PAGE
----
The role of information and communication technologies in using projective techniques as survey tools to meet the challenges of bounded rationality

Derek Bond (Ulster Business School, University of Ulster, Coleraine, UK)
Elaine Ramsey (Ulster Business School, University of Ulster, Coleraine, UK)

Qualitative Market Research

ISSN: 1352-2752

Publication date: 7 September 2010

Abstract

Purpose

Normal “mixed method” approaches to research – using standard quantitative surveys supported by qualitative methods such as semi‐structured interviews, often fail to measure issues “outside of the fence”. The purpose of this paper is to consider whether the challenges of bounded rationality can, in part, be addressed by including projective techniques within the “mixed methods” approach. In particular, it discusses the role of information and communication technologies (ICT) in such an approach.

Design/methodology/approach

The results of an international pilot study into the use of projective techniques in assisting the evaluation of policies is outlined. The study is concerned with the response of small businesses to governments' policies aimed at encouraging the adoption of ICT. This is used as the basis of a discussion of the appropriateness of using ICT in such an approach.

Findings

ICT could play an important role in the use of projective techniques – including design; improving reliability and validity; distribution; analysis and interpretation.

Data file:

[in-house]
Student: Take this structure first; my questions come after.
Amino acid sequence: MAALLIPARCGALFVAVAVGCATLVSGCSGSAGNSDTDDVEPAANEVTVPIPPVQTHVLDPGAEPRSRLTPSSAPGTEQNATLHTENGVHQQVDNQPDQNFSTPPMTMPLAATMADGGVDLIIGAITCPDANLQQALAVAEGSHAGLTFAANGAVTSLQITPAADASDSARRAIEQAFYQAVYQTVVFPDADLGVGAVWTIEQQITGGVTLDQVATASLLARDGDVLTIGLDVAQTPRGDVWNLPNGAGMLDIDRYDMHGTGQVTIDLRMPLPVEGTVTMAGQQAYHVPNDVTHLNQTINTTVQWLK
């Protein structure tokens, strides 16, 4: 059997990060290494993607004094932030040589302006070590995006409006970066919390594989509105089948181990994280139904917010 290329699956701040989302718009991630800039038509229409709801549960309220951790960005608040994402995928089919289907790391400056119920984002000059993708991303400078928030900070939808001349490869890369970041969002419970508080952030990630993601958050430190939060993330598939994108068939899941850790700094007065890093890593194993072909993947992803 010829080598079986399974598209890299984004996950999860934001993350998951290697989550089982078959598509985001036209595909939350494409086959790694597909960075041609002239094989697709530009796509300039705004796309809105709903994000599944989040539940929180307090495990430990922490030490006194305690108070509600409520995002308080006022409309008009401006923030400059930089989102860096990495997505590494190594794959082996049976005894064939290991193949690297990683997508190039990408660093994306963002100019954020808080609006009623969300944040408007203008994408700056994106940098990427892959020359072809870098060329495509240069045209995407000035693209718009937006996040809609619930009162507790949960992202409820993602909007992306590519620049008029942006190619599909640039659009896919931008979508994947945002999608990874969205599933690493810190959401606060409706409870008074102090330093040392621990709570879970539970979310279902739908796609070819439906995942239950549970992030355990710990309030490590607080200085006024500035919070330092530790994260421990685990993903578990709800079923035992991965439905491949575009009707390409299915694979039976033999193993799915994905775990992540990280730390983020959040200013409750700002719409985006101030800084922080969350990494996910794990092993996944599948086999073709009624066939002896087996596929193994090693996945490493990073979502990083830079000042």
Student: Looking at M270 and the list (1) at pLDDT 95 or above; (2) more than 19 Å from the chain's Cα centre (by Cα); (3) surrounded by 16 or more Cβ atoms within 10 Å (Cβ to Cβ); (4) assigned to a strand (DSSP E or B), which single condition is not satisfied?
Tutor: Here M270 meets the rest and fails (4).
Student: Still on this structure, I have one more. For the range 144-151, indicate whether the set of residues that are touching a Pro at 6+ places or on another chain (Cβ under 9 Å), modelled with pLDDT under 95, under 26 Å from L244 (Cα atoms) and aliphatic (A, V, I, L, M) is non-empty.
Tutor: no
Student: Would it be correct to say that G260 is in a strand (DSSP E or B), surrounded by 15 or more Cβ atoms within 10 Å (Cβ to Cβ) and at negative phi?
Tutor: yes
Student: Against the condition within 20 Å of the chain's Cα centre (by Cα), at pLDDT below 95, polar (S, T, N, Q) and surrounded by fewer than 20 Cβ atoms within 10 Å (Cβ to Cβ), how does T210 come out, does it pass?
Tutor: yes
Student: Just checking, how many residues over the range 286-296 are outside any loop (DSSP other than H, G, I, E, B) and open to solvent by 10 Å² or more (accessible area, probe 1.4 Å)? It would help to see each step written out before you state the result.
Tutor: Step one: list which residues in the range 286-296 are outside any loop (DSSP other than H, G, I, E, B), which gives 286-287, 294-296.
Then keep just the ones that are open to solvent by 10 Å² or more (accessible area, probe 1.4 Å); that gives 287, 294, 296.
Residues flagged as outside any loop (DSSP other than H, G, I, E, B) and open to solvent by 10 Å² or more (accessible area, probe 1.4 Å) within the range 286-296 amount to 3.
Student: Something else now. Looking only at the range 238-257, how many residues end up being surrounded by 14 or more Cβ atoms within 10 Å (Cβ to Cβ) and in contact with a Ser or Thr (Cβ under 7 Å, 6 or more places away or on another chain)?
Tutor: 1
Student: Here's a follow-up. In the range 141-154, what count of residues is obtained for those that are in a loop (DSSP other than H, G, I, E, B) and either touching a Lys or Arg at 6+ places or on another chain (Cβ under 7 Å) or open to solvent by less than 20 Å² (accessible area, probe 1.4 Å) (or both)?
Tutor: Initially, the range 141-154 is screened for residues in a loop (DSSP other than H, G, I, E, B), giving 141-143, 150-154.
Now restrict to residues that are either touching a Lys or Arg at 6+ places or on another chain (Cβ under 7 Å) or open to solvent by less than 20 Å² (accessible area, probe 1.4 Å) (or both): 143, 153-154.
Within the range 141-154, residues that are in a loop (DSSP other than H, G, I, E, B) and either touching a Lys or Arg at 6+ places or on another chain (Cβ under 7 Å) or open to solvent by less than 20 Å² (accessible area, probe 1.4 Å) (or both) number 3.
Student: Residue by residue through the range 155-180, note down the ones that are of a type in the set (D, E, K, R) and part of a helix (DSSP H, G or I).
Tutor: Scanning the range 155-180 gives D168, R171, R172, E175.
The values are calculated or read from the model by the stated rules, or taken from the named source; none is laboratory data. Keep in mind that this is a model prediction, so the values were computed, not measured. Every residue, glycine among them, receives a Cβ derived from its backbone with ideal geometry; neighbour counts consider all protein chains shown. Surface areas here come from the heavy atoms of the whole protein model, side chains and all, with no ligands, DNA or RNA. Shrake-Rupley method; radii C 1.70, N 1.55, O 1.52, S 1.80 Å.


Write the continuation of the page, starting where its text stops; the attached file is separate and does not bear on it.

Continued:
Research limitations/implications

Much more research is needed before the appropriateness of (ICT based) projective techniques can be assessed fully.

Practical implications

The lessons learnt from this pilot study about the use of projective techniques as part of a “mixed methods” survey methodology was explored. In particular, the paper provides some practical suggestions as to how ICT might be used to reduce the overheads involved in implementing projective techniques.

Originality/value

For many people involved in traditional quantitative and qualitative research the usefulness and appropriateness of projective techniques have yet to be proven. This paper contributes some new thinking about how ICT might address some of the concerns over the suitability of projective techniques as part of a mixed methodology.

Keywords

Citation

Bond, D. and Ramsey, E. (2010), "The role of information and communication technologies in using projective techniques as survey tools to meet the challenges of bounded rationality", Qualitative Market Research, Vol. 13 No. 4, pp. 430-440. https://doi.org/10.1108/13522751011078836

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Publisher

:

Emerald Group Publishing Limited

Copyright © 2010, Emerald Group Publishing Limited

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